Geoffrey S. Berman, the United States Attorney for the Southern District of New York, and William F. Sweeney Jr., Assistant Director-in-Charge of the New York Office of the Federal Bureau of Investigation (“FBI”), announced that GREG MILLER pled guilty today to participating in a $9 million scheme to defraud providers of “no-fault” insurance plans. As part of the scheme, MILLER and his co-conspirators billed insurance companies millions of dollars for expensive durable medical equipment that was never provided to patients. MILLER pled guilty before United States District Court Judge Katherine Polk Failla.
U.S. Attorney Geoffrey S. Berman said: “As he admitted in court today, Greg Miller exploited New York’s no-fault auto insurance system by billing millions of dollars for durable medical equipment that was never actually provided to patients, was medically unnecessary, or was far more expensive than the equipment that was provided. Now Miller awaits sentencing for his crime.”
FBI Assistant Director William F. Sweeney Jr. said: “When private health care programs are abused, the financial burden is typically passed on to consumers of these programs by way of increased premiums and other means of supporting services provided by the company. This is in no way a victimless crime, as it translates into very real numbers for those who pay into these health care programs. Miller’s conduct was just another way to make a quick profit at the expense of others, and this type of behavior can’t be tolerated.”
As alleged in the Information filed today in Manhattan federal court:
Between 2014 and 2019, GREG MILLER employed other individuals to serve as the nominal owners of at least two durable medical equipment (“DME”) supply companies located in Brooklyn, New York. MILLER, the true owner and operator of the companies, directed these individuals to submit fraudulent bills to private insurance companies that provided “no-fault” insurance plans. Under New York State law, a company that insures a vehicle involved in an accident is required to provide reimbursement for certain treatments and services provided to the vehicle occupants, regardless of who was at fault in the accident. These treatments and services may include DME if the DME is necessary and actually provided. The bills submitted by MILLER’s companies were fraudulent because, among other things, the bills were for DME that was never provided to patients, for DME that was medically unnecessary, or for expensive DME purportedly provided to patients when the DME in fact provided to patients was inexpensive DME.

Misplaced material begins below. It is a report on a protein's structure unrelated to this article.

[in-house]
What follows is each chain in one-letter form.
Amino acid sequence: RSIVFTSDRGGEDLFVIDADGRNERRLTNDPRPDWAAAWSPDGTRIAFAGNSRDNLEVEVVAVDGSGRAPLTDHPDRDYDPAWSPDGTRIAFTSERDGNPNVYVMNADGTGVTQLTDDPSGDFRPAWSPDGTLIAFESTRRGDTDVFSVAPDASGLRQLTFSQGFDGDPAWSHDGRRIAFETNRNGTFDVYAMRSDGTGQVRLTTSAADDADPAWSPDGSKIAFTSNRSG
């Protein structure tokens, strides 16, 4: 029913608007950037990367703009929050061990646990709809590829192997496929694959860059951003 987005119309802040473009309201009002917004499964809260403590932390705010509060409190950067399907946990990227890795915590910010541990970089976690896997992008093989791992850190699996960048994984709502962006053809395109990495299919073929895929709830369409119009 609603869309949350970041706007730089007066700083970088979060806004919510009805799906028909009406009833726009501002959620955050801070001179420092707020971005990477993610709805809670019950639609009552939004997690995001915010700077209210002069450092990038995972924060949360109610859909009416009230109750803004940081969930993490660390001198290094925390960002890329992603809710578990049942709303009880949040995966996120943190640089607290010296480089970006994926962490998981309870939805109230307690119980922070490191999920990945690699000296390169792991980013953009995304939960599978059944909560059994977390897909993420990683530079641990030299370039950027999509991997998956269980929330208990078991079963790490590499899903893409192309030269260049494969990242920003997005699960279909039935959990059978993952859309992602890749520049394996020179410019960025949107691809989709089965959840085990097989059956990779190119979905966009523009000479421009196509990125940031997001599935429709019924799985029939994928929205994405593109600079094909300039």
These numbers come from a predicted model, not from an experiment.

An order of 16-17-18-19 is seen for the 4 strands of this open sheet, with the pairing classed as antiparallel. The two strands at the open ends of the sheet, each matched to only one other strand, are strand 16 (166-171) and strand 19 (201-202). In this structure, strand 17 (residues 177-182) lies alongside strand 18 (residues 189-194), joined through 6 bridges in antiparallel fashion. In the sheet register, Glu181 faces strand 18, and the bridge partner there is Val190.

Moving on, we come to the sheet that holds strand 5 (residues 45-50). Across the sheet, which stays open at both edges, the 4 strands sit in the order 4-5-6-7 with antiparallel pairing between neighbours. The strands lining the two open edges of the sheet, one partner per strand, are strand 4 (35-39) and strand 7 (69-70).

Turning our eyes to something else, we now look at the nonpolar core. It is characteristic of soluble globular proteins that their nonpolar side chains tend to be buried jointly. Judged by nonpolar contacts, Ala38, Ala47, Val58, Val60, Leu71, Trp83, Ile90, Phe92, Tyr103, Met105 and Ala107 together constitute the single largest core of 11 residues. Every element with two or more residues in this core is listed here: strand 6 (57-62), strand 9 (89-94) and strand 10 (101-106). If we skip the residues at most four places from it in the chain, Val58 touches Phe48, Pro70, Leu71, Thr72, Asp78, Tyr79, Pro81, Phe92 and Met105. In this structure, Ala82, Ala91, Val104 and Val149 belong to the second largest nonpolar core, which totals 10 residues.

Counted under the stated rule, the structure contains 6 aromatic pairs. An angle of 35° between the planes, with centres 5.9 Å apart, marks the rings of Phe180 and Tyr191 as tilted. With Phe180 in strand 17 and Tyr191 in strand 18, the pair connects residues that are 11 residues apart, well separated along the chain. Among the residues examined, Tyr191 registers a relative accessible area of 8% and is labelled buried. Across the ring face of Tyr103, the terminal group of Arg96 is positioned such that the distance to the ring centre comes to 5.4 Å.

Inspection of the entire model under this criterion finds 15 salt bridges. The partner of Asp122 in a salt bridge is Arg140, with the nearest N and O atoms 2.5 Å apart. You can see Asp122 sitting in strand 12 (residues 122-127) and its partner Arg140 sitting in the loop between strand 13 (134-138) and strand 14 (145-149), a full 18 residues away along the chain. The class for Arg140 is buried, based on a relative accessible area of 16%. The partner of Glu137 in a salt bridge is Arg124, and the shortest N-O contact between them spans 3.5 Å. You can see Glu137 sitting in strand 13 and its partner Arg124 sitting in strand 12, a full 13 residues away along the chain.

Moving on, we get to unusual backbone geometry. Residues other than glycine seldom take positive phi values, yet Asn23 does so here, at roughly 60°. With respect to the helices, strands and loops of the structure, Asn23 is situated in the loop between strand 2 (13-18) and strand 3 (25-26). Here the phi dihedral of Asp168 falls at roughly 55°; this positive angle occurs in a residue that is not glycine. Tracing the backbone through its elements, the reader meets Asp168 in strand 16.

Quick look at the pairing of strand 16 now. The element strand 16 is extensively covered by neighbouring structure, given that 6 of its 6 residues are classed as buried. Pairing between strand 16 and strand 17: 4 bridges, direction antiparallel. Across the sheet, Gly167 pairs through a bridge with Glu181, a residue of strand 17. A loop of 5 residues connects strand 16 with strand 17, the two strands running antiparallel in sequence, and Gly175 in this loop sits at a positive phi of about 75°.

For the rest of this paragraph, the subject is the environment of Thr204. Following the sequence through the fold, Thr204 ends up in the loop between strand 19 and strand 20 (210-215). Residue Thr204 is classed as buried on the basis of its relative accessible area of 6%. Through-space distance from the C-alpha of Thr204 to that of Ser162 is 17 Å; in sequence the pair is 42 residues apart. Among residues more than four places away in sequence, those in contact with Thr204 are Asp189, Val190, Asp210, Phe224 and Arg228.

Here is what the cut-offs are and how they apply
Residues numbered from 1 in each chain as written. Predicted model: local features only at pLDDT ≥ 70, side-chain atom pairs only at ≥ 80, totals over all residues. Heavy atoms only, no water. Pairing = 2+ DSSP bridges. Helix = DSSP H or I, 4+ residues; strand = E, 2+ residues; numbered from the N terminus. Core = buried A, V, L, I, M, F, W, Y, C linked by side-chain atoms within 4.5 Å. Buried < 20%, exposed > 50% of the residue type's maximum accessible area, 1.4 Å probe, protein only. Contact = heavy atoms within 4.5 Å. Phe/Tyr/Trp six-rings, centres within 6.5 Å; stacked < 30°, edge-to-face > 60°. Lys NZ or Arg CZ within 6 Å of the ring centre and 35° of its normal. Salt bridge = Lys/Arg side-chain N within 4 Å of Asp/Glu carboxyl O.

MILLER, 60, pled guilty to one count of conspiring to commit health care fraud and faces a maximum sentence of 10 years in prison.
The maximum potential sentence in this case is prescribed by Congress and is provided here for informational purposes only, as any sentencing of the defendant will be determined by the judge. As part of his plea, MILLER agreed to forfeit $3,698,010 and to pay at least that amount in restitution.
Mr. Berman praised the outstanding investigative work of FBI’s Healthcare Fraud Task Force.
The prosecution of this case is being handled by the Office’s Complex Frauds and Cybercrime Unit. Assistant U.S. Attorney Timothy V. Capozzi is in charge of the prosecution.